The acting is good and totally believable, especially when put up against this kind of situation. There is pure terror in the eyes of the kids trying to escape the mass flock of birds, and the worry and dread portrayed by the adults is tangible. No matter how many times you watch The Birds, the essence of terror and fear is still palpable in the film. His characters have personality, flavor and even humor, making them all the more relatable.


  • When audiences left the film’s UK premiere at the Odeon, Leicester Square, London, they were greeted by the sound of screeching and flapping birds from loudspeakers hidden in the trees to scare them further.
  • Rod Taylor claims that the seagulls were fed a mixture of wheat and whiskey. It was the only way to get them to stand around so much…. a question on all of our minds.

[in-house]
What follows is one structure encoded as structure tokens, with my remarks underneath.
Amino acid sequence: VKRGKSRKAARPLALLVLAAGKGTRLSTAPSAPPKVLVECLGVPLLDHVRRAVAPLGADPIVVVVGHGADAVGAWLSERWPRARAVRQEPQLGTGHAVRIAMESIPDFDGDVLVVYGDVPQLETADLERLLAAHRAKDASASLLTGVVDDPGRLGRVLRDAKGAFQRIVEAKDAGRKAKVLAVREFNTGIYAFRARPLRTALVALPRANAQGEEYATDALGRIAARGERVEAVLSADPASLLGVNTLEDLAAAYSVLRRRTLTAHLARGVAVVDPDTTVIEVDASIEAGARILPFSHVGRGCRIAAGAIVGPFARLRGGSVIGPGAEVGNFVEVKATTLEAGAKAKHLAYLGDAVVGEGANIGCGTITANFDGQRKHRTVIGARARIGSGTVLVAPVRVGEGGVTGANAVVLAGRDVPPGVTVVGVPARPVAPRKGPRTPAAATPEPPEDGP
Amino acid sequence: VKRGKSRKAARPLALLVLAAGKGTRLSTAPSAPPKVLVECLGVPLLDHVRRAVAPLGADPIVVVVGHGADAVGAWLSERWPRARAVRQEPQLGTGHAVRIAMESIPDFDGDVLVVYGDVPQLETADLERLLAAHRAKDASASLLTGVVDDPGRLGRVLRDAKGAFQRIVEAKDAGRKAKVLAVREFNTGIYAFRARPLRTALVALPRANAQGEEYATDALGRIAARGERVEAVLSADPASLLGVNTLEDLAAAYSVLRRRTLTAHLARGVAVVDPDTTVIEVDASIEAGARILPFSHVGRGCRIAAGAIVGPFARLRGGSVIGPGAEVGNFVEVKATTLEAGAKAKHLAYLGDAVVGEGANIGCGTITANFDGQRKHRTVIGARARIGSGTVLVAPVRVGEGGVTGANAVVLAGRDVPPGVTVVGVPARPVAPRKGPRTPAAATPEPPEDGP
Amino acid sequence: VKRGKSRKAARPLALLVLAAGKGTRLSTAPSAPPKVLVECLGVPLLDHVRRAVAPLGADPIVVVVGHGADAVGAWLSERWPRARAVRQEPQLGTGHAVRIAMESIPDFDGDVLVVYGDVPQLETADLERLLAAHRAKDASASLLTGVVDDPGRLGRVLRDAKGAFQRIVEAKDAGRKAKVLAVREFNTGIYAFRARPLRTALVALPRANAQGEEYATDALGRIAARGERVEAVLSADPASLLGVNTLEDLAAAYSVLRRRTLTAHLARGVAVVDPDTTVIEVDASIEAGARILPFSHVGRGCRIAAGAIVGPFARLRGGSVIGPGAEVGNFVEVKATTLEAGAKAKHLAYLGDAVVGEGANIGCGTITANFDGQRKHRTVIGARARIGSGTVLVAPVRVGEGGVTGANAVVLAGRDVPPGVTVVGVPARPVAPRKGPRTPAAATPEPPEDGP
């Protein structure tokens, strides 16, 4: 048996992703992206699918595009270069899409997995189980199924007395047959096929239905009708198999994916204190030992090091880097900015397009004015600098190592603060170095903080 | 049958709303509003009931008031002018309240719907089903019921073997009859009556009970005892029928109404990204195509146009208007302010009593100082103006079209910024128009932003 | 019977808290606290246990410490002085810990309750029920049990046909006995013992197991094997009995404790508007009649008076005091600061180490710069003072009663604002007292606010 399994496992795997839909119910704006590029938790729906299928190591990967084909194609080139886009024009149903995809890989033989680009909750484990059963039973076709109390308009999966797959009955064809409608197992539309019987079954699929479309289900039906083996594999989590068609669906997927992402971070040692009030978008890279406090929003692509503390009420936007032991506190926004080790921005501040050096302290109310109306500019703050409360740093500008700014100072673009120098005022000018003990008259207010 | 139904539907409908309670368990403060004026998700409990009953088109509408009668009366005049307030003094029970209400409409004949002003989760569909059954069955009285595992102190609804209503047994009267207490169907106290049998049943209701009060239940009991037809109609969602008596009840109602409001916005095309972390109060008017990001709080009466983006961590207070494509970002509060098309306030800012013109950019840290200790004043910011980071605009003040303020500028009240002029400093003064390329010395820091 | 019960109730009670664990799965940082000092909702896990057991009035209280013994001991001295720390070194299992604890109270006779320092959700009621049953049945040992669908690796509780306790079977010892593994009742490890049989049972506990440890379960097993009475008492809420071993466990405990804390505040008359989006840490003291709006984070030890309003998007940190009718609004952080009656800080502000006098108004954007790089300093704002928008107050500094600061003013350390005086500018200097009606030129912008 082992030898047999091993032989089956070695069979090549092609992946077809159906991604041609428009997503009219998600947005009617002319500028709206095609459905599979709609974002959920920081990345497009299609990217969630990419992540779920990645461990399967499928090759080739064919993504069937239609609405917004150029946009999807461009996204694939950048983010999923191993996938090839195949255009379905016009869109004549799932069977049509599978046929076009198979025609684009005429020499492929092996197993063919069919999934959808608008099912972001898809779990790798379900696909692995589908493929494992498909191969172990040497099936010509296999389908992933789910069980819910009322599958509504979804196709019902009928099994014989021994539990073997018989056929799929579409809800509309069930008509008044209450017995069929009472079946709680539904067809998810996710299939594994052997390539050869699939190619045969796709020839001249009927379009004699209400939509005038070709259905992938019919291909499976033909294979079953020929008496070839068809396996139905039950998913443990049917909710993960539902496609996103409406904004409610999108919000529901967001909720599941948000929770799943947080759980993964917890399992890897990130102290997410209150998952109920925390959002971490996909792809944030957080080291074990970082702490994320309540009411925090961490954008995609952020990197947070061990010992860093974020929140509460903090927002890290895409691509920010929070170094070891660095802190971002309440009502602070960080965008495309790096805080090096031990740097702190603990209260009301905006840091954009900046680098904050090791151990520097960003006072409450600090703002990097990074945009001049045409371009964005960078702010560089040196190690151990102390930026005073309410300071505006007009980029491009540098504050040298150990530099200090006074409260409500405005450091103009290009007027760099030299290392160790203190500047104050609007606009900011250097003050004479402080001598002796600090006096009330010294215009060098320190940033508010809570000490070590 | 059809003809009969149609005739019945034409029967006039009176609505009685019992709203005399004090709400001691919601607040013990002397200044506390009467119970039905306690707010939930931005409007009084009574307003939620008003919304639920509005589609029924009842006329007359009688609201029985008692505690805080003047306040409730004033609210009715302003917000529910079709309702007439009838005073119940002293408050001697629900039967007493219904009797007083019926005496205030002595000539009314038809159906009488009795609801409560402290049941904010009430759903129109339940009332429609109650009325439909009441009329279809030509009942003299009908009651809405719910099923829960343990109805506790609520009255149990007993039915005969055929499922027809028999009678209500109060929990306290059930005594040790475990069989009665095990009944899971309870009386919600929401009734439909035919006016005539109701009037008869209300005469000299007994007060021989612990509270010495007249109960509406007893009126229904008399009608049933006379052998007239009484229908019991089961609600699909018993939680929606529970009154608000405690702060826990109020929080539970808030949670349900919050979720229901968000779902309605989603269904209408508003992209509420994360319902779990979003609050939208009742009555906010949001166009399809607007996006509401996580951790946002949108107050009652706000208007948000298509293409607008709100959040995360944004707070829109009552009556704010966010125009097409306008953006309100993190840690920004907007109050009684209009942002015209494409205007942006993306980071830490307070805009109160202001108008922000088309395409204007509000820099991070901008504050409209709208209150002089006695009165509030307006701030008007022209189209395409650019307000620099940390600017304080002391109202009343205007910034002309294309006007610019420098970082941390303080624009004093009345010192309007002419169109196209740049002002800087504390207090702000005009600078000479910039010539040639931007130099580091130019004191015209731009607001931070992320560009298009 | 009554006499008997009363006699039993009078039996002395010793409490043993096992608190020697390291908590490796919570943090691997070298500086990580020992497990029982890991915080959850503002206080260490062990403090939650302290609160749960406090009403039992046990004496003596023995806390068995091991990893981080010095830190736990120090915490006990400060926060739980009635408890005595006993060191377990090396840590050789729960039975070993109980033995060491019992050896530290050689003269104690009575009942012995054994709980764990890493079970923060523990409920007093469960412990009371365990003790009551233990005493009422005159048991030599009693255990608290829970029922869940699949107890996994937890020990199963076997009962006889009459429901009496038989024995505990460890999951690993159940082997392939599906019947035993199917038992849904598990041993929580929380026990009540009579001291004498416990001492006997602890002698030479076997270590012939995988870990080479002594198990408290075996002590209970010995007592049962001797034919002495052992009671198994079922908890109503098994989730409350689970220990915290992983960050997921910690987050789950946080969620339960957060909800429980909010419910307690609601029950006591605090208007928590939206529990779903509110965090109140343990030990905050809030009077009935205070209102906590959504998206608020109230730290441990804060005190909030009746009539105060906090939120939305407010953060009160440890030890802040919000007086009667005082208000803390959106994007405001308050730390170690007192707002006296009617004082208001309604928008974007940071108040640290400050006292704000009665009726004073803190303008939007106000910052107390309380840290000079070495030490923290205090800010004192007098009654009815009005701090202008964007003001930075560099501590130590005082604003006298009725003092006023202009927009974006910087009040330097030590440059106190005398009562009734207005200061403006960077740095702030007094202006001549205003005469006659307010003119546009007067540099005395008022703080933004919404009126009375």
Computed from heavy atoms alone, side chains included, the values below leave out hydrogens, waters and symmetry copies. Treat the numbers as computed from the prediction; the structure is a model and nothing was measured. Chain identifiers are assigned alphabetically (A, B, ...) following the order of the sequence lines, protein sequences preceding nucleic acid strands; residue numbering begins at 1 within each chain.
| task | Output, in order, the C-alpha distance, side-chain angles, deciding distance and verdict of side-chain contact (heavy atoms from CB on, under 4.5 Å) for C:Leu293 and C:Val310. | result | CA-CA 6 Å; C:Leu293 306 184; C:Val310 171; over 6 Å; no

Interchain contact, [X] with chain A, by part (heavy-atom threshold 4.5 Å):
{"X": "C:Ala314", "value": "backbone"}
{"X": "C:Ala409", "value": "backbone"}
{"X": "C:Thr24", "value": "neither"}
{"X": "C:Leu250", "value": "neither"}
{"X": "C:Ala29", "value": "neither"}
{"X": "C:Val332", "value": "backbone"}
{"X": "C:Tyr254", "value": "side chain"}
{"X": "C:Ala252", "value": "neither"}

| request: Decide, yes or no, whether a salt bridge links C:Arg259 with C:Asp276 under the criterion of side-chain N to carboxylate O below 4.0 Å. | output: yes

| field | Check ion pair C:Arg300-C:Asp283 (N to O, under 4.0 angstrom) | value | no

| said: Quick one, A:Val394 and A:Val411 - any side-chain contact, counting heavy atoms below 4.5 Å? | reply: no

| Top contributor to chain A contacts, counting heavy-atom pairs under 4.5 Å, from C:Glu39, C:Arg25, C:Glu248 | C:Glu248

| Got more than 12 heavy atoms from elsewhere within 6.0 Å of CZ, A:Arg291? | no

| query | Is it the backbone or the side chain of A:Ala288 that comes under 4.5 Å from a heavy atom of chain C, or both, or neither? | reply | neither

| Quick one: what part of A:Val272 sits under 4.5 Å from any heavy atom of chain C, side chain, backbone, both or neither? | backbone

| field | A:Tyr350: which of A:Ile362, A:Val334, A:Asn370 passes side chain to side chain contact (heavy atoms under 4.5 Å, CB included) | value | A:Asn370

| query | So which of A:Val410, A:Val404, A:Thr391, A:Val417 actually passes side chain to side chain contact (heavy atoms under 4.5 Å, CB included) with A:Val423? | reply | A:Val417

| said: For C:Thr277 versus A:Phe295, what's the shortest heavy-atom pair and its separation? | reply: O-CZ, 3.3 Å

• The schoolhouse in Bodega, California, had been known to be haunted. According to Tippi Hedren, the entire cast was spooked to be there. She also mentioned how she had the feeling that “the building was immensely populated… but there was nobody there.” When Hitchcock was told about the schoolhouse being haunted,  he was even more excited to film there.
  • The sound of reel-to-reel tape being run backward and forward was used to help create the frightening bird squawking sounds in the film.
  • The classic scene in which Tippi Hedren watches birds attacking the townsfolk was filmed in the studio from a phone booth. When Melanie opens the phone booth door, a bird trainer had trained gulls to fly at it. Surviving photos of the shooting of the scene were published in the book, Hitchcock at Work by Bill Krohn. She was actually cut in the face by a bird!